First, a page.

Spring 1975. I was stalling about starting a new commission. It was spring in Manhattan and I didn’t want to waste the day by staying inside my apartment working. I could do that later — at night when it was dark and quiet!
I took a break and went to O’Melia’s, a Second Avenue bar/restaurant near my apartment.
Meanwhile, the Vietnam War appeared to finally be winding down; Da Nang was in danger of invasion by the North Vietnamese and the South Vietnamese army was in retreat! The U.S. staged a desperate emergency airlift to rescue refugees and it was good to think and hope that it was finally ending after approximately 19 years!
Think about that!
I was thinking about that!
The next day there was yet another meeting of the newly forming Illustrator’s Guild that Richard Amsel and I had mixed feelings about. While it seemed like a good idea — protection of illustrators, etc. — we felt it was coming a little late due to Nixon’s War on the Media. He’d felt that the magazines and newspapers had been unfair to him and he even stated: “I am not a crook!“ But it turned out he was as was a lot of his government; and he’d resigned the presidency in disgrace!
After the meeting we met Baby Jane Dexter for dinner at The New Port Alba Restaurant. Baby Jane had been in HAIR and had begun singing at Reno Sweeney and some clubs downtown. Her mother, Jane Dexter, had also been an actress using that as a stage name. And since the Union doesn’t allow the multiple use of a stage name, Baby Jane simply used her childhood nickname, Baby Jane. Very memorable.
I had read that the movies Silent Running and THX1138 were playing in a double bill at the Carnegie Hall Cinema. I didn’t want to miss seeing them so I quickly went down to 57th Street to Carnegie Hall and the theater next to it.
It was the directorial debut of Douglas Trumbull, the special effects genius who was responsible for the effects work on 2001: A Space Odyssey and Ridley Scott’s Blade Runner among many others. His father, incidentally, had done special effects for The Wizard of Oz before Trumbull was born.
Trumbull had worked in Animation with Con Pederson whom I’d known in the Animation Department at UCLA and who was also at Redstone Arsenal in Huntsville, Alabama while I was also there! Stanley Kubrick had admired their work and invited both of them to work with him on 2001. Coincidentally, another close friend of mine from Redstone, Harry Lange, was the Art Director on 2001! All of these guys’ experience with rockets was a big asset for Kubrick. Harry, also being German, had worked with Hermann Oberth, “the father of modern rocketry” at Redstone.
Huntsville was full of Germans — including Werner von Braun!
Also on the double bill at The Carnegie Hall Cinema was THX1138, the first professional directorial feature of George Lucas and produced by Francis Coppola!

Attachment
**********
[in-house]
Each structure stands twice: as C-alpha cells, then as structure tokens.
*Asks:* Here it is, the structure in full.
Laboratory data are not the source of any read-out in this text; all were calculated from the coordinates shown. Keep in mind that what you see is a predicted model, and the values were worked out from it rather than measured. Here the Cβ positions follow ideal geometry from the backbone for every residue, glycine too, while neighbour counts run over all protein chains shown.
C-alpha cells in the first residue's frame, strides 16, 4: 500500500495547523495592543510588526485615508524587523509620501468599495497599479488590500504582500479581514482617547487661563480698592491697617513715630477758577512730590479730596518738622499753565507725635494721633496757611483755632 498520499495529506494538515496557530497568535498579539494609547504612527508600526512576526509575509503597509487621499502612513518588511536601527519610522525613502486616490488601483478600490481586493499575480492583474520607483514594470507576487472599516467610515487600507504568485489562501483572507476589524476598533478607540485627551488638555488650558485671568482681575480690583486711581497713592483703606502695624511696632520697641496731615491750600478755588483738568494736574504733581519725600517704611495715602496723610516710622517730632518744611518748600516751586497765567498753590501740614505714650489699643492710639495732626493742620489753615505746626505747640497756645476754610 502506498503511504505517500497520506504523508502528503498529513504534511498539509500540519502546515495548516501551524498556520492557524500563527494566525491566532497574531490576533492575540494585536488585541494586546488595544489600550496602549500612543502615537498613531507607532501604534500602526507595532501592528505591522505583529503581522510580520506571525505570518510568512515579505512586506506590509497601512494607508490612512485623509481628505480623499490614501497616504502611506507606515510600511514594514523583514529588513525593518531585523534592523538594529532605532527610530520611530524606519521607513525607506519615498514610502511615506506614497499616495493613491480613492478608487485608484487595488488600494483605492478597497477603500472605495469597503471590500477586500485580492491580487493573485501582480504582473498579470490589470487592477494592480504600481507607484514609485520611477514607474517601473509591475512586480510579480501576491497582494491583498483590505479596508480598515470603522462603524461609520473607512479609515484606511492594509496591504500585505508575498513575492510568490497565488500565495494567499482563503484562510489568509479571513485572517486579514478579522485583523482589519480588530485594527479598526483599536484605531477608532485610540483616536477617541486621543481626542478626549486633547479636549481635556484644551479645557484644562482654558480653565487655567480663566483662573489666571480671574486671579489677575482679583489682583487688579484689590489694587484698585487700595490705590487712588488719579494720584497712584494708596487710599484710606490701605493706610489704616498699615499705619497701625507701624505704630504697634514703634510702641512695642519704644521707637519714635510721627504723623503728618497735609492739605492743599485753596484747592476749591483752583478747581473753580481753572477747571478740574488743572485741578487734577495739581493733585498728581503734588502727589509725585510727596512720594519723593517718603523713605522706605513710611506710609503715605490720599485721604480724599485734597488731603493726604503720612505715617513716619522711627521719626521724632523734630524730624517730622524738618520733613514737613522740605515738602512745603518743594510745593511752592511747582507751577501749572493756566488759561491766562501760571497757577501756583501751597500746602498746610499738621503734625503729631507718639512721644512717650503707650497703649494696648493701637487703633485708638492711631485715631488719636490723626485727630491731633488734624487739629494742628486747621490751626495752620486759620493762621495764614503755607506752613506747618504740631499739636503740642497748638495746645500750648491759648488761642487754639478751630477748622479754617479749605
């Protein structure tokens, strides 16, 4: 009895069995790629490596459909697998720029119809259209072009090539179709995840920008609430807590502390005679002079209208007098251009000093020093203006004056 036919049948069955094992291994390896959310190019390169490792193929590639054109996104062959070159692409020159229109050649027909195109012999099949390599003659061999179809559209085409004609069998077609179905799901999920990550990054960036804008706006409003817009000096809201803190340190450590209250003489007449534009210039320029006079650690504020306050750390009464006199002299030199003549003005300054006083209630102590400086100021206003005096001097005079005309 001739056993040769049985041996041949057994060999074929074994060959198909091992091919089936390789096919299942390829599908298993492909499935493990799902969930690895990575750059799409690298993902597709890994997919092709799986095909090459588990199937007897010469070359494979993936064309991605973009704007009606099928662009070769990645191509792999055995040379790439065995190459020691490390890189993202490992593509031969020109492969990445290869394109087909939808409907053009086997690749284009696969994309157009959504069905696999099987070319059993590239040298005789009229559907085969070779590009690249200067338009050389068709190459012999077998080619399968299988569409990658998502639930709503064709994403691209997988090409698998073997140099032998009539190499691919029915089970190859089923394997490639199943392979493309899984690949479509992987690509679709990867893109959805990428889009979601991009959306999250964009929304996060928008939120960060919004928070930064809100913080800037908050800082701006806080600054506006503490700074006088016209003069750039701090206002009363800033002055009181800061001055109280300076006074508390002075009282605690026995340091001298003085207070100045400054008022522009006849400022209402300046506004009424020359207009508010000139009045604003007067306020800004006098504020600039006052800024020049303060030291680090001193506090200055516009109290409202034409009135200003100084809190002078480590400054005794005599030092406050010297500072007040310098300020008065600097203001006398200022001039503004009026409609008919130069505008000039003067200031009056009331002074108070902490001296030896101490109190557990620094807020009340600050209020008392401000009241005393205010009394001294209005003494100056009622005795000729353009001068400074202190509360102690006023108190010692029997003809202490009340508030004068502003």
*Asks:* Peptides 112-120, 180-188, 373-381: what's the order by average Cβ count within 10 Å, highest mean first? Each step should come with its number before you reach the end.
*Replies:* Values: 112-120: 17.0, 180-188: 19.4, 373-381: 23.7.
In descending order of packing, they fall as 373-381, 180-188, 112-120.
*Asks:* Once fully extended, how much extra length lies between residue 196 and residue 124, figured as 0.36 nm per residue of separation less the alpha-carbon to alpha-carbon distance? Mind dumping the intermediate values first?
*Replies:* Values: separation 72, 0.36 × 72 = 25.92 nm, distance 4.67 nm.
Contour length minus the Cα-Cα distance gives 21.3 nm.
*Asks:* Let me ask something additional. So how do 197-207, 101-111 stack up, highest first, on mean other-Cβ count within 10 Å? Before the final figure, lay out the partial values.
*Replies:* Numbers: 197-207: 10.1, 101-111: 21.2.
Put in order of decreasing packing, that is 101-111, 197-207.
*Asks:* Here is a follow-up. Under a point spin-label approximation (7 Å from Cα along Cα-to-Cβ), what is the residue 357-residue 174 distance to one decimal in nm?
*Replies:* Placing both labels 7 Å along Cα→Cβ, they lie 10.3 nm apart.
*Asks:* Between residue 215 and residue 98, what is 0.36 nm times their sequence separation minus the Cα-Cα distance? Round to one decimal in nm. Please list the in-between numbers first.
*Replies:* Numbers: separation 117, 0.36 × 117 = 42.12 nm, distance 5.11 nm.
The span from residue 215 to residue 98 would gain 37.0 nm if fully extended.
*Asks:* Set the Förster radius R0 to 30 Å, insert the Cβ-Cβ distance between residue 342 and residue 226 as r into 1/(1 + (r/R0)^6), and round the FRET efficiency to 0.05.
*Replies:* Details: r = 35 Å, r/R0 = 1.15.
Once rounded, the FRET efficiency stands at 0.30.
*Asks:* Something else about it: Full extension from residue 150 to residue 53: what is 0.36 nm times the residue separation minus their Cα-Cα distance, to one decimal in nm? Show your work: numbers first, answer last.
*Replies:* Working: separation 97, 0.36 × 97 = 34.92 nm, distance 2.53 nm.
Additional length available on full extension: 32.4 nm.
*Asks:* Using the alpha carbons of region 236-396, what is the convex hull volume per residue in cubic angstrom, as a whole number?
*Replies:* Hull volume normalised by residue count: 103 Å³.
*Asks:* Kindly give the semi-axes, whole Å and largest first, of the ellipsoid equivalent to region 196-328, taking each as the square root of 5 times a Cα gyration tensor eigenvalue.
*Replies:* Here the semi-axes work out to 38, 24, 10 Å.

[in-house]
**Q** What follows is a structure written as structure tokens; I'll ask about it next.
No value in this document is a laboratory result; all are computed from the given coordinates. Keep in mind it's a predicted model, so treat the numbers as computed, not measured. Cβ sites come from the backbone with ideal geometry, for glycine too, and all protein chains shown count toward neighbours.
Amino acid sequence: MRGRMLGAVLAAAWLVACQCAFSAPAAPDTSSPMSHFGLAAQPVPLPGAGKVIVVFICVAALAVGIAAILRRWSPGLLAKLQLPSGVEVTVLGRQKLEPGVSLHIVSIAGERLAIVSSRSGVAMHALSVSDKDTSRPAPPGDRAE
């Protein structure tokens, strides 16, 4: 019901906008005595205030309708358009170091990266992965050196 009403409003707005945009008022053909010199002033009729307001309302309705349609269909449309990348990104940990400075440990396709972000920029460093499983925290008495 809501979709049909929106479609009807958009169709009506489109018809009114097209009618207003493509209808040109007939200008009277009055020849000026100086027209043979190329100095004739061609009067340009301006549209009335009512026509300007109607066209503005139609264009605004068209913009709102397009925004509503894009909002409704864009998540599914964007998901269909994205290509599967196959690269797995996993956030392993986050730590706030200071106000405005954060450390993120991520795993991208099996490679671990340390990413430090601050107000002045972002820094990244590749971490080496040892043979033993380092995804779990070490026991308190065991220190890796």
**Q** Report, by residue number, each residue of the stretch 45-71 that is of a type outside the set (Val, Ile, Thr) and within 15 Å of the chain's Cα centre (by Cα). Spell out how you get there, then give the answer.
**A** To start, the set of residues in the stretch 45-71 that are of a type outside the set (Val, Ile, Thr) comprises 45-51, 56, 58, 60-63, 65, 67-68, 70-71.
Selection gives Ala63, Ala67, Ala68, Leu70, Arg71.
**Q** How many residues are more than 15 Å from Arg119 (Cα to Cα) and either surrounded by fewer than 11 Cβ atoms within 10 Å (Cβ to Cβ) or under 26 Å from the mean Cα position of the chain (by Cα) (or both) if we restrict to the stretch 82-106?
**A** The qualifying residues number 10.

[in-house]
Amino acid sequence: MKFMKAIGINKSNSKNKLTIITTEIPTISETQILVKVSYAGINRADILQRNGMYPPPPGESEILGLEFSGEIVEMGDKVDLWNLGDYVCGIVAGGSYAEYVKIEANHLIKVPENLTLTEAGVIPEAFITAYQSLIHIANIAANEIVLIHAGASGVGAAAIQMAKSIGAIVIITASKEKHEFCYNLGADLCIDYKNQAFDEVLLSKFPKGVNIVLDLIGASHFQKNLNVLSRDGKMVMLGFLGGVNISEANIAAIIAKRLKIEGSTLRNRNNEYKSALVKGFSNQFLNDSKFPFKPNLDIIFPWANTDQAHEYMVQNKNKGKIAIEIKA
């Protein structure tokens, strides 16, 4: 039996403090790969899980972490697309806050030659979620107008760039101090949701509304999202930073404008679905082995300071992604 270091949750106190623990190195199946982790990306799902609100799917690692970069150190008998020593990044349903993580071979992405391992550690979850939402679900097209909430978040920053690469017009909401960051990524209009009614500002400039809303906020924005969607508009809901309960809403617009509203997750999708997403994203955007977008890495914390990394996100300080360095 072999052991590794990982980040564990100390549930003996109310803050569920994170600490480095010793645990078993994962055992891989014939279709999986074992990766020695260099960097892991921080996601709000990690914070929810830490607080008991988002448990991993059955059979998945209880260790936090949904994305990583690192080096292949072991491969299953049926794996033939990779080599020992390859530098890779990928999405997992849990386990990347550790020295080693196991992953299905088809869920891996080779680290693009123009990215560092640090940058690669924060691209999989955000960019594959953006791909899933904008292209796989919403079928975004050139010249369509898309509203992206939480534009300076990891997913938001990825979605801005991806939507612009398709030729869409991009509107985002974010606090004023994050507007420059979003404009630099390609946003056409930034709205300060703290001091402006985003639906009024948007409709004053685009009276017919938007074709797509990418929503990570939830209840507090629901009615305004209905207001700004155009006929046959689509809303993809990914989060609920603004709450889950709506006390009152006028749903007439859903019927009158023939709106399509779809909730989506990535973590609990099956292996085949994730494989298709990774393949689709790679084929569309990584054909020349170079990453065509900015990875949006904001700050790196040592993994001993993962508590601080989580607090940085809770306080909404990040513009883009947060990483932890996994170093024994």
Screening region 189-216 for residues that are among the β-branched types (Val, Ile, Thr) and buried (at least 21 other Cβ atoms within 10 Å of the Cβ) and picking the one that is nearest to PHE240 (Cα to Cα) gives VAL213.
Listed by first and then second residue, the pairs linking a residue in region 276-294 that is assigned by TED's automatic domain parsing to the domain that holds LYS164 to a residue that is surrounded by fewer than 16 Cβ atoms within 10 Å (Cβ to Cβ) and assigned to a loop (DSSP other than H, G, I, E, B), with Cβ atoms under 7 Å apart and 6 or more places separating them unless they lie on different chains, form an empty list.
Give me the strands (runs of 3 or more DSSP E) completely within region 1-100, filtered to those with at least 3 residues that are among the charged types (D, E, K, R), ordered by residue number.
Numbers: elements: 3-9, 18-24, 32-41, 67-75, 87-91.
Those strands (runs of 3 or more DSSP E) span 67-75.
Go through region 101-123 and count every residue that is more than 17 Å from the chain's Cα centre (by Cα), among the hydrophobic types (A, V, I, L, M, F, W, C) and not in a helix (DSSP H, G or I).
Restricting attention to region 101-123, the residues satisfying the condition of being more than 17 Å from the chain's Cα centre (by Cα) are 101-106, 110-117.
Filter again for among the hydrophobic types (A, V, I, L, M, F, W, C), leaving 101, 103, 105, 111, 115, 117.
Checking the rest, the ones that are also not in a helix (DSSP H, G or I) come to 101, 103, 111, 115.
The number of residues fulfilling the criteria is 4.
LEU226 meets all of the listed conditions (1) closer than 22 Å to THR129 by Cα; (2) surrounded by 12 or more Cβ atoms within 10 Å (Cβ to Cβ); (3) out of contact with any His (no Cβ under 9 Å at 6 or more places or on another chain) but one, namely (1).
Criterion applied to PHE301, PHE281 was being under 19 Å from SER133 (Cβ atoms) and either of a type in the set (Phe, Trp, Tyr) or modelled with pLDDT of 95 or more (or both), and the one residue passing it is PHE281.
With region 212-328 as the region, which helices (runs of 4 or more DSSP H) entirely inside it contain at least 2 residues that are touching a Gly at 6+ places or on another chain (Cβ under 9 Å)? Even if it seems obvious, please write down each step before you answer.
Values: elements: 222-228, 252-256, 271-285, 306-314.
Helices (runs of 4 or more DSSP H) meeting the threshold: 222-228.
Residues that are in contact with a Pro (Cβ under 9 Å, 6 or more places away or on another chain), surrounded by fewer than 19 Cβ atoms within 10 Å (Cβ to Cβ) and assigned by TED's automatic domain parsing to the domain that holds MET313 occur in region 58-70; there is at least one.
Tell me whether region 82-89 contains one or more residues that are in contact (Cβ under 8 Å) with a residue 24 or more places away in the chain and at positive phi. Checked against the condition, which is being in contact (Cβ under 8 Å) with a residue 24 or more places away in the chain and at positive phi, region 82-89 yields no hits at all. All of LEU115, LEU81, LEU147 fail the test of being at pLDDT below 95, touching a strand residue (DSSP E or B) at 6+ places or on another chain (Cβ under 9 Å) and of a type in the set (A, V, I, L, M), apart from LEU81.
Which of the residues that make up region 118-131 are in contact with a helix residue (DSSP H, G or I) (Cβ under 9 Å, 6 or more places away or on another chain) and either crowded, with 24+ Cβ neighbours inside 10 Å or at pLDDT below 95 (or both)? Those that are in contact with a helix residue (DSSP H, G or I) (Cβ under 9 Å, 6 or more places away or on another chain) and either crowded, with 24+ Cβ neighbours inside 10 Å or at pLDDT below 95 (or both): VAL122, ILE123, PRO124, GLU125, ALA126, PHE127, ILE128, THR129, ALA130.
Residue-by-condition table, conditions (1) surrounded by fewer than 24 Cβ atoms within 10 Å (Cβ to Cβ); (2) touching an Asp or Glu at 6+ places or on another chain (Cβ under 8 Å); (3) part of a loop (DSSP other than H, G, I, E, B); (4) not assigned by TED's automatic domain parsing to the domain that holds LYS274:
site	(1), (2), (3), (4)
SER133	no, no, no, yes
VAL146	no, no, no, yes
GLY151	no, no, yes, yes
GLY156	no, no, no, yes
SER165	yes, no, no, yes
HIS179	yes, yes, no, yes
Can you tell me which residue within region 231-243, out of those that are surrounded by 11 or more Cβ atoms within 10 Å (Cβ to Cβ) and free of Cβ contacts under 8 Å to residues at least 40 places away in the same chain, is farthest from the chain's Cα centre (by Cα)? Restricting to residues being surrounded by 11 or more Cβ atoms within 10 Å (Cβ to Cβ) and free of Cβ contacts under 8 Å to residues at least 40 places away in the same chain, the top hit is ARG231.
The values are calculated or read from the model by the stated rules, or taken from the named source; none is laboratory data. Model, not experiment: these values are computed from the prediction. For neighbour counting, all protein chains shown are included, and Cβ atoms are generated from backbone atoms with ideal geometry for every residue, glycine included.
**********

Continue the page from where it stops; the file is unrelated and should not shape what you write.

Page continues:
Two directorial debuts!
Another UCLA friend, Marshall Efron, was also in THX1138 so as well as being an afternoon of films it was, in a manner of speaking, a “visit” with old friends!
And then home on the bus.
And that evening I was invited to dinner at the home of Dr. Frank Colenda who’d been my doctor at Lenox Hill Hospital when I’d gotten hepatitis from my Trisoralen sun pills. I’d taken them in Puerto Rico as a protection against the Caribbean sunlight.
I don’t tan, but I did with the Trisoralen pills.
My liver, however, didn’t like it!
I came down with hepatitis a year later!
But it was worth it being tan!
Marilee was a beautiful California friend living in Manhattan and I’d taken some fantasy photos of her. We met for drinks to plan the photos at Dorrian’s Red Hand on Second Avenue just a block from my apartment.
The next evening after our usual Saturday window shopping along Madison Avenue, I had dinner with Mary Milton at el Parador Restaurant, on East 34th Street, the oldest Mexican restaurant in New York (since 1959!).
On Sunday, I went way downtown to the Lower East Side looking for fabric and of course had to stop at Katz’s Deli for local color as much as the food!
And then back to The Carnegie Hall Cinema to see Monte Carlo directed in 1930 by the great German director, Ernst Lubitsch.
Since there were not yet many books on Art Deco I tried again to draw in the dark during the movie.
The only memorable song from this movie was “Beyond the Blue Horizon” by Richard Whiting, the father of my friend Margaret Whiting. It was sung by Jeanette MacDonald as she’s in a train watching the landscape whizzing by.
Farmers and field workers join her in the chorus as the train flies by them on its way to Monte Carlo.
The sets and furnishings were fantastic and lavish and I was wondering what the audience members were thinking as they watched as it was made in 1929-30 at the beginning of the Great Depression!
Maybe it hadn’t yet affected them or maybe it was eye candy and just aspirational.
The clothing was just as dazzling!
And I left The Carnegie Hall Cinema with my head swimming with Deco-Envy. Back to 1975. The reality of — everything.
Maybe that’s how the 1930 audiences did feel!